Every Child, Every Day?

Not in the Memphis City Schools.

Here are two recent news items that have everything to do with what is the matter with Memphis City Schools and the knee-jerk response to fixing them.

First, on the week after Labor Day, thousands of students came to school for the first time even though classes started three weeks earlier. Sadly, these 10,000 or more "drop-ins" are as much a part of MCS tradition as the 30 percent or so who drop out.

The enrollment in the first week of class was just under 93,000. By the fourth week of school, enrollment was just over 105,000, according to MCS, with more latecomers still out there biding their time.

There's every incentive to report a big number. The more students enrolled, the more money MCS gets. The difference between 93,000 students and 105,000 students is more than $125 million in funding. MCS is making an informed guess about enrollment, which ebbs and flows and won't be finalized until mid-November. It may well be below 100,000.

Second, in the same week, Memphis City Council Chairman Harold Collins was quoted saying that MCS "is in desperate need of capital improvements," and therefore the council ought not delay in coughing up more money for schools and sending taxpayers the bill.

More money for MCS is not the answer. The drop-ins and their parents don't need computers and bigger auditoriums, they need calendars and alarm clocks.

Drop-ins who show up after Labor Day wreak havoc with classroom order, scheduling, and teacher morale.

"Teachers are sometimes reassigned entire classes due to the chaos," a young teacher told me. "The week following Labor Day brings a sense of dread for all MCS teachers. The fragile order and culture that has been established in classrooms gets blown apart by the newcomers, most of whom bring along a lawless bravado in lieu of your standard pencils and notebooks."

So it goes, year after year. Drop-ins are accepted as part of the local culture, that's just the way it is. As long as they show up once in a while in September, MCS can count them, and thereby increase its enrollment and funding. And politicians can divert attention to the phony issue of the "desperate" need for capital improvements in the schools.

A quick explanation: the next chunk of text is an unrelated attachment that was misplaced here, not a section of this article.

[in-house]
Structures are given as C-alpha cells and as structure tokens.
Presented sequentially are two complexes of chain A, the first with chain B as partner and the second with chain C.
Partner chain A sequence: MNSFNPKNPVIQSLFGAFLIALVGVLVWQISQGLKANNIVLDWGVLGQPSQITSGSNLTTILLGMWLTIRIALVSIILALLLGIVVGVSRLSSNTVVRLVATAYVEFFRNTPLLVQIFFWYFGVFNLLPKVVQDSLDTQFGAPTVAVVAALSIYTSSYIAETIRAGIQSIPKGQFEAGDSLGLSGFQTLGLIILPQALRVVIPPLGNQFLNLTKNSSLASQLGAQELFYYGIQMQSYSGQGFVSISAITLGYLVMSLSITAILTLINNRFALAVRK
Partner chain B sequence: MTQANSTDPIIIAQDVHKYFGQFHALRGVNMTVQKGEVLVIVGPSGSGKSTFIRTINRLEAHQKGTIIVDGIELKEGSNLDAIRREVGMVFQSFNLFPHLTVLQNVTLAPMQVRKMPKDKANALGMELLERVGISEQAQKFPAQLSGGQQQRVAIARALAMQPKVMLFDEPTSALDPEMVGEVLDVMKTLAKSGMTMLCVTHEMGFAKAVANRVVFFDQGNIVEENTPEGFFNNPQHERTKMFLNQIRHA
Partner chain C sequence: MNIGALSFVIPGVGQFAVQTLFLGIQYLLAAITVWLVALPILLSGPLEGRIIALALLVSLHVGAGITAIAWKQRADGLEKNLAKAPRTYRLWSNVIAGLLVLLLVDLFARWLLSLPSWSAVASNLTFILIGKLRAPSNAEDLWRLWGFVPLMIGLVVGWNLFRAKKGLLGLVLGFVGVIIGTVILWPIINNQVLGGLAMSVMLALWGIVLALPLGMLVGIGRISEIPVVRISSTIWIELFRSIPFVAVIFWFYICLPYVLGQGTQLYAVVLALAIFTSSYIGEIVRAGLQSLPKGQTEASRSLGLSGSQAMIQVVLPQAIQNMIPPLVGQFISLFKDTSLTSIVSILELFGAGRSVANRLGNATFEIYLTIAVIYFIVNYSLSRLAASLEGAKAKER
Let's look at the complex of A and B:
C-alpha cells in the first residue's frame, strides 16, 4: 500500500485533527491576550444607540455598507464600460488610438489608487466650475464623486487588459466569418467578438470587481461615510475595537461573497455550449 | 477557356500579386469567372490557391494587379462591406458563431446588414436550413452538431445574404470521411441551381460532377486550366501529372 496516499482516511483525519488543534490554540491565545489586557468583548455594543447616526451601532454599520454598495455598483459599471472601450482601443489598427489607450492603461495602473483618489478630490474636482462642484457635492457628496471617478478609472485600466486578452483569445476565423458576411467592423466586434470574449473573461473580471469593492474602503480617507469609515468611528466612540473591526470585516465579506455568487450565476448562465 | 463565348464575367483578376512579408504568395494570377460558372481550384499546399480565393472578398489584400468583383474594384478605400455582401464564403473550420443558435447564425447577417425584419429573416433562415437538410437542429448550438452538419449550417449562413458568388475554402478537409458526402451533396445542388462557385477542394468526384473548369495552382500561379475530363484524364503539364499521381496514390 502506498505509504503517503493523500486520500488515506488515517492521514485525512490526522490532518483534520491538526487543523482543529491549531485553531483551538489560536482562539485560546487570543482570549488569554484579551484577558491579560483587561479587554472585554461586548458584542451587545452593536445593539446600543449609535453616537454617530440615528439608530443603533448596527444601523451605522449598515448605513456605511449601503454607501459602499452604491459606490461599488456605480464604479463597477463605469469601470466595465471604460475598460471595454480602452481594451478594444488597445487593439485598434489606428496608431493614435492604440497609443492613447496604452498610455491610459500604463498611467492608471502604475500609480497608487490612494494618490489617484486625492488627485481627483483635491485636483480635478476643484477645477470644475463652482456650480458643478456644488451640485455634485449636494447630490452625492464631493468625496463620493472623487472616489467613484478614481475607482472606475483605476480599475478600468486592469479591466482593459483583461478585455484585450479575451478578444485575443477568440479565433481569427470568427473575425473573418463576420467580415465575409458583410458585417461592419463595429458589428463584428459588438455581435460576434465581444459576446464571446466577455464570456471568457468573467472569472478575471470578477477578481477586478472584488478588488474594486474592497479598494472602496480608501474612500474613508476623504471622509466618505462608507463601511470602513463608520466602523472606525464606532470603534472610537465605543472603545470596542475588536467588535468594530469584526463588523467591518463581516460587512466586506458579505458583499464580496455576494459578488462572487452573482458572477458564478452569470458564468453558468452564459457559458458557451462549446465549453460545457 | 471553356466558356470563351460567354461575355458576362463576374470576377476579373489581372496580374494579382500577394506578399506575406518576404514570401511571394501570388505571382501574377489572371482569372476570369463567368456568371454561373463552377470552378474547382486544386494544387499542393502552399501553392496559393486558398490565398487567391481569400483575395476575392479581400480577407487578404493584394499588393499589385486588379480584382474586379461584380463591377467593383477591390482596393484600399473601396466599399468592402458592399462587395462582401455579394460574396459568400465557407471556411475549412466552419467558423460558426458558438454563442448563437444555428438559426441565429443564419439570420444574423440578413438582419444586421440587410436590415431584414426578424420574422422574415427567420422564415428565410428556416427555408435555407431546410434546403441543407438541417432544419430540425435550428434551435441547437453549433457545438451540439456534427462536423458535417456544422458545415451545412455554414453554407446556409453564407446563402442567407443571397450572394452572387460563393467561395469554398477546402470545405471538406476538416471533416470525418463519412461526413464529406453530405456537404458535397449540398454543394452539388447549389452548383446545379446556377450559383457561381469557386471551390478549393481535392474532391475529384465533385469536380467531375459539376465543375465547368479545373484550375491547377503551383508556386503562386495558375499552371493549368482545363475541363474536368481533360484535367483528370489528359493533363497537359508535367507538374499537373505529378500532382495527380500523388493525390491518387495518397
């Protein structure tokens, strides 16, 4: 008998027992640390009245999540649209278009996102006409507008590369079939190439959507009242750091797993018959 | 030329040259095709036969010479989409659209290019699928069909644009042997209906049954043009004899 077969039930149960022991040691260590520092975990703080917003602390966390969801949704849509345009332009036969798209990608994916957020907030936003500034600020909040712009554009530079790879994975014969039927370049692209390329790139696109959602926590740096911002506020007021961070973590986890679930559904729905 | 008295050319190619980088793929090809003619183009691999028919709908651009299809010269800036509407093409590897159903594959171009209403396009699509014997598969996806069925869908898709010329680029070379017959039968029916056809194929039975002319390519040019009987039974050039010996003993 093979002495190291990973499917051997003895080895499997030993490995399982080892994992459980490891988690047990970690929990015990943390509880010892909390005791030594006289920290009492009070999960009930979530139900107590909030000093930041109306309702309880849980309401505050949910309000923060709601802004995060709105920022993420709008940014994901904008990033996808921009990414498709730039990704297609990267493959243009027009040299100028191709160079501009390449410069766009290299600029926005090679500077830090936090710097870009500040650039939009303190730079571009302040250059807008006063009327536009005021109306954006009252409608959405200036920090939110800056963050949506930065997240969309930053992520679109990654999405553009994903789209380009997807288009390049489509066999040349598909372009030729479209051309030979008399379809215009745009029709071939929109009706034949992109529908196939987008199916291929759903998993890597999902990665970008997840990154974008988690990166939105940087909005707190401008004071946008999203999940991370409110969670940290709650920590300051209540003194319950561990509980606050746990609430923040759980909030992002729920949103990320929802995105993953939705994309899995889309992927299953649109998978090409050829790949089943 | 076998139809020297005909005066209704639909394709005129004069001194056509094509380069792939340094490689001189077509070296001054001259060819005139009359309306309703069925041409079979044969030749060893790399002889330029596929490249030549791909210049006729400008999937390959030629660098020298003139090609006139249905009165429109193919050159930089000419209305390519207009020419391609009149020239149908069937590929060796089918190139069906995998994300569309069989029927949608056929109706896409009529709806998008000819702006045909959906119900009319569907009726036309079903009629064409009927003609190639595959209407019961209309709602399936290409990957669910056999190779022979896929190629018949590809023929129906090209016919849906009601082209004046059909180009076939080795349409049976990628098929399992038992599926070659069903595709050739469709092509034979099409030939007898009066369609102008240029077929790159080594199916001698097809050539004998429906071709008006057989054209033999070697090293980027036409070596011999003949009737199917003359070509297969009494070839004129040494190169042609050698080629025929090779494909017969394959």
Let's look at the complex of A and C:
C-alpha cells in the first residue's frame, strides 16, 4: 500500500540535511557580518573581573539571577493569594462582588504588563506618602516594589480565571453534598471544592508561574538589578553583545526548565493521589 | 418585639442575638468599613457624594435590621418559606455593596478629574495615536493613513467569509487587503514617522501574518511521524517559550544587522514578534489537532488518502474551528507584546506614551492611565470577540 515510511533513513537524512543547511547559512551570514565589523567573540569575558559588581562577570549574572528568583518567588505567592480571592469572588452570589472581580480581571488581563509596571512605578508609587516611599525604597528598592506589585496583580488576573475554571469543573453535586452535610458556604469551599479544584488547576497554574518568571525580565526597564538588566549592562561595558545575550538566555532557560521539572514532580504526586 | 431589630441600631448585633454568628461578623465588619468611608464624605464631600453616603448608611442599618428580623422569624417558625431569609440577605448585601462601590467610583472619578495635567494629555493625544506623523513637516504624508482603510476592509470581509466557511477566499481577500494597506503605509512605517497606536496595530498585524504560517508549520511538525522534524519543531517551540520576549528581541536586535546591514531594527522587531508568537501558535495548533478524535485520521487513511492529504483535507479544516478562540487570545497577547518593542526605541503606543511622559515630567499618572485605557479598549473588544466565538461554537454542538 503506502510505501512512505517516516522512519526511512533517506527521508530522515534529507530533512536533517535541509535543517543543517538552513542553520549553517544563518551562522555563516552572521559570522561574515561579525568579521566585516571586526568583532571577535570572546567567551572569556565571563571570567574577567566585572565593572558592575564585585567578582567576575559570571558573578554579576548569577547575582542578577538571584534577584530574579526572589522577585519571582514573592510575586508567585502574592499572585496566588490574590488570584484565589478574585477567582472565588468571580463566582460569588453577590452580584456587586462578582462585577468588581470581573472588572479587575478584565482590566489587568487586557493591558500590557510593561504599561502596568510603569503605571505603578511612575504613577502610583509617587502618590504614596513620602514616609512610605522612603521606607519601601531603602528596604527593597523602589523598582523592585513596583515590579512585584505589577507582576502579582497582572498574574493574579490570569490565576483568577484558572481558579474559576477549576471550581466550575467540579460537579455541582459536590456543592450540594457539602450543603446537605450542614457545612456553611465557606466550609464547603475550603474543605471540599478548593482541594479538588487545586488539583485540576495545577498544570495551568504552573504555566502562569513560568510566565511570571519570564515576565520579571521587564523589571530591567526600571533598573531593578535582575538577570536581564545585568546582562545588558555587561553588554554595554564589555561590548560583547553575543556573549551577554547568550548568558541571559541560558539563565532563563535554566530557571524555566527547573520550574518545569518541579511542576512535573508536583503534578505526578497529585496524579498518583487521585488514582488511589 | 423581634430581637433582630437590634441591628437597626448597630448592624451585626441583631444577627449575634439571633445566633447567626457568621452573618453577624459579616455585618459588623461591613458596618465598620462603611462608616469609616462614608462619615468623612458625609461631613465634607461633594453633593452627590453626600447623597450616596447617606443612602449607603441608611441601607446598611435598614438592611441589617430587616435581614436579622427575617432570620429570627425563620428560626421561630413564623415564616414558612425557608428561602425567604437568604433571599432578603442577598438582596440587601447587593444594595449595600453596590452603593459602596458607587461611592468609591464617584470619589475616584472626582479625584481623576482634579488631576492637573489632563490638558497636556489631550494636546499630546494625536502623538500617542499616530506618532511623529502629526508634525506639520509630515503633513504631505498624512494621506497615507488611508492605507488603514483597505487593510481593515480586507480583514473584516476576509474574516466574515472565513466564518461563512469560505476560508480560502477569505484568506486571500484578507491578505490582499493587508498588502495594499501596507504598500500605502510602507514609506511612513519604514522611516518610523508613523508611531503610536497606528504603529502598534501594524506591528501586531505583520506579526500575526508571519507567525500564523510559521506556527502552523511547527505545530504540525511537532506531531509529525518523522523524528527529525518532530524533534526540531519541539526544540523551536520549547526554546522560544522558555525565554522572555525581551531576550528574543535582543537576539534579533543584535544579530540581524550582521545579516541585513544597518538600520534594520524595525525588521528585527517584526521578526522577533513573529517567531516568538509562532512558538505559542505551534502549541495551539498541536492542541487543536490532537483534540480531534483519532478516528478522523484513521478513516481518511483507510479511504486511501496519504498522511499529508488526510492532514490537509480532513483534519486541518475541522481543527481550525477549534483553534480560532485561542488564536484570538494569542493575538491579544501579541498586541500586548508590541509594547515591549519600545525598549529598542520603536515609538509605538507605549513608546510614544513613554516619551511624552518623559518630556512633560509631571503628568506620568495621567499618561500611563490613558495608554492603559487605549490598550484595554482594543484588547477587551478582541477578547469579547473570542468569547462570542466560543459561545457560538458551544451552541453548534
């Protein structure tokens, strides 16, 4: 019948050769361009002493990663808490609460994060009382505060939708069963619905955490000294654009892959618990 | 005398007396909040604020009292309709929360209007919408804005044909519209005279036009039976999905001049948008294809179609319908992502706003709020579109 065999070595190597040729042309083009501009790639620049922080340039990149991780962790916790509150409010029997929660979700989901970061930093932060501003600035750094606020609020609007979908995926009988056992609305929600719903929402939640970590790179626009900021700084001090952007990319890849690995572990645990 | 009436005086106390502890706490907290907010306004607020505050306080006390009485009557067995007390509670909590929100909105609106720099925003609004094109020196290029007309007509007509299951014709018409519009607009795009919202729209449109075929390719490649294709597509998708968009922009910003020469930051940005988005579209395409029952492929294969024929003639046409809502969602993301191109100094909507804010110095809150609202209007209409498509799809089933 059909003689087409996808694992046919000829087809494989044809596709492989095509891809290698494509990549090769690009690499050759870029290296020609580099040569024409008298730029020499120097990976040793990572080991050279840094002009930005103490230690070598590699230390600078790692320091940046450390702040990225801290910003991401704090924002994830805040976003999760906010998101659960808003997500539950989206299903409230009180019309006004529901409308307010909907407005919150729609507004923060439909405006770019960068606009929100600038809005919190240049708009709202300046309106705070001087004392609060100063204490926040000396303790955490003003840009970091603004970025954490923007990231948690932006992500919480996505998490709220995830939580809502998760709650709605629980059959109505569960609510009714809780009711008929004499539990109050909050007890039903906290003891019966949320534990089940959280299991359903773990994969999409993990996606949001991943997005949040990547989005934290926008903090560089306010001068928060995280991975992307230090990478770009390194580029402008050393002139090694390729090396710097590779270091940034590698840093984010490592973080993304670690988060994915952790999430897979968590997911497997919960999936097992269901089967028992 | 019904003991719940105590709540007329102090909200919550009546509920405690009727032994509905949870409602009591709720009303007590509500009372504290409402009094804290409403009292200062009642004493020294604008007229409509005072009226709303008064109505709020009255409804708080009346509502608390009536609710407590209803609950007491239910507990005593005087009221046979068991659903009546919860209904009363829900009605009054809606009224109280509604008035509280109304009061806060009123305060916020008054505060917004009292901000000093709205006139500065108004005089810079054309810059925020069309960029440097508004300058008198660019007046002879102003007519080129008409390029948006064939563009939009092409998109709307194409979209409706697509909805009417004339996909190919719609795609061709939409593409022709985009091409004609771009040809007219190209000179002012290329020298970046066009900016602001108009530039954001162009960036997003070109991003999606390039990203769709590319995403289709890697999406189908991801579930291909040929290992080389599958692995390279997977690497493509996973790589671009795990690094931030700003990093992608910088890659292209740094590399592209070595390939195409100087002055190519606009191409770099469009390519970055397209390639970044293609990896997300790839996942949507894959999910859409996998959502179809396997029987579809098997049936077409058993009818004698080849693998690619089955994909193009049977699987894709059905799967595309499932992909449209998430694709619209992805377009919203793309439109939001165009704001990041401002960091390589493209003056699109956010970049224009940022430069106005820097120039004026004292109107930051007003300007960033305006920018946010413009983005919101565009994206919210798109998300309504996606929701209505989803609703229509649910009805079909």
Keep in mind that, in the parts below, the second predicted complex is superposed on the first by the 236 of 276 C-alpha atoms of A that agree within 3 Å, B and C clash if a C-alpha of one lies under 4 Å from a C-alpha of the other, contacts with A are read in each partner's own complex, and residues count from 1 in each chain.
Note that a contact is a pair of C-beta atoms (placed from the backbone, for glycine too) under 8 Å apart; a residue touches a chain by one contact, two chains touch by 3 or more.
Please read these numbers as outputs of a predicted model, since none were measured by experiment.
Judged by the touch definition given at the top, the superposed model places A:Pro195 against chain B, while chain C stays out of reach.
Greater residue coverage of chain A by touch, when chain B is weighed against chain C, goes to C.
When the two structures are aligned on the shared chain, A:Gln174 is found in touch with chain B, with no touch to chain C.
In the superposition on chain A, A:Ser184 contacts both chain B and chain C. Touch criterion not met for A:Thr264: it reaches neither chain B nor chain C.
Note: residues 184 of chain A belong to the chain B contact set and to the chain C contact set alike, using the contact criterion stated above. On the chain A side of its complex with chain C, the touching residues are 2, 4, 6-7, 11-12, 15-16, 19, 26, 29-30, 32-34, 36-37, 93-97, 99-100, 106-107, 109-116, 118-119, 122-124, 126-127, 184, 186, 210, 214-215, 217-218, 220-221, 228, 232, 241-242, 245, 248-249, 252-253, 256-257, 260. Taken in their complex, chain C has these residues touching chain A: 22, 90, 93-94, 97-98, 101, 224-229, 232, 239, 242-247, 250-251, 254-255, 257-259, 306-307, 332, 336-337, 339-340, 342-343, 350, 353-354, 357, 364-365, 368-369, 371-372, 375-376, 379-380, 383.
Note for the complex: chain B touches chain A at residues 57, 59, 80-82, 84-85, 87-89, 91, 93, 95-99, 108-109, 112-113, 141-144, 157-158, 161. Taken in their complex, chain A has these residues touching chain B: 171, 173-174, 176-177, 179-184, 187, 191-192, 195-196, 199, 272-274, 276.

The truth is, MCS has had more than $1 billion in capital improvements in this decade. There are new schools all over town, including Downtown Elementary, Manassas and Douglass high schools in North Memphis, White Station Middle School in East Memphis, Brewster Elementary in Binghamton, and Cordova and Southwind high schools in annexation areas. Major improvements have been made to Central High School and Snowden Elementary and Middle School in Midtown, two of the oldest schools in Memphis.

Central and Snowden also happen to be two of the most popular and academically successful schools in the system despite each of them being more than 100 years old.

A new school is not necessarily a better school — or a full one. Last year Douglass High School had 325 students and Manassas had 569 students. White Station High School, which is the top-performing school in the system despite not receiving any big capital improvements in several years, had 2,091 students.

Manassas and Douglass will have more students this year because attendance zones will be redrawn. But taking students from other high schools is not the same as growth. The growth of MCS, if any, is due to the annexation of Cordova, Berryhill, and Hickory Hill.

MCS has 209 schools, including at least 15 charter schools. As enrollment declines, more and more buildings have surplus capacity. But no superintendent since Willie Herenton has had the stomach to close schools.

Herenton's successors — Gerry House, Johnnie Watson, Carol Johnson, and Kriner Cash — have had the same philosophy as a certain Midtown restaurant that advertises "Free Burgers Tomorrow" above its outdoor patio. For free burgers and serious budget cutting, it's never tomorrow.

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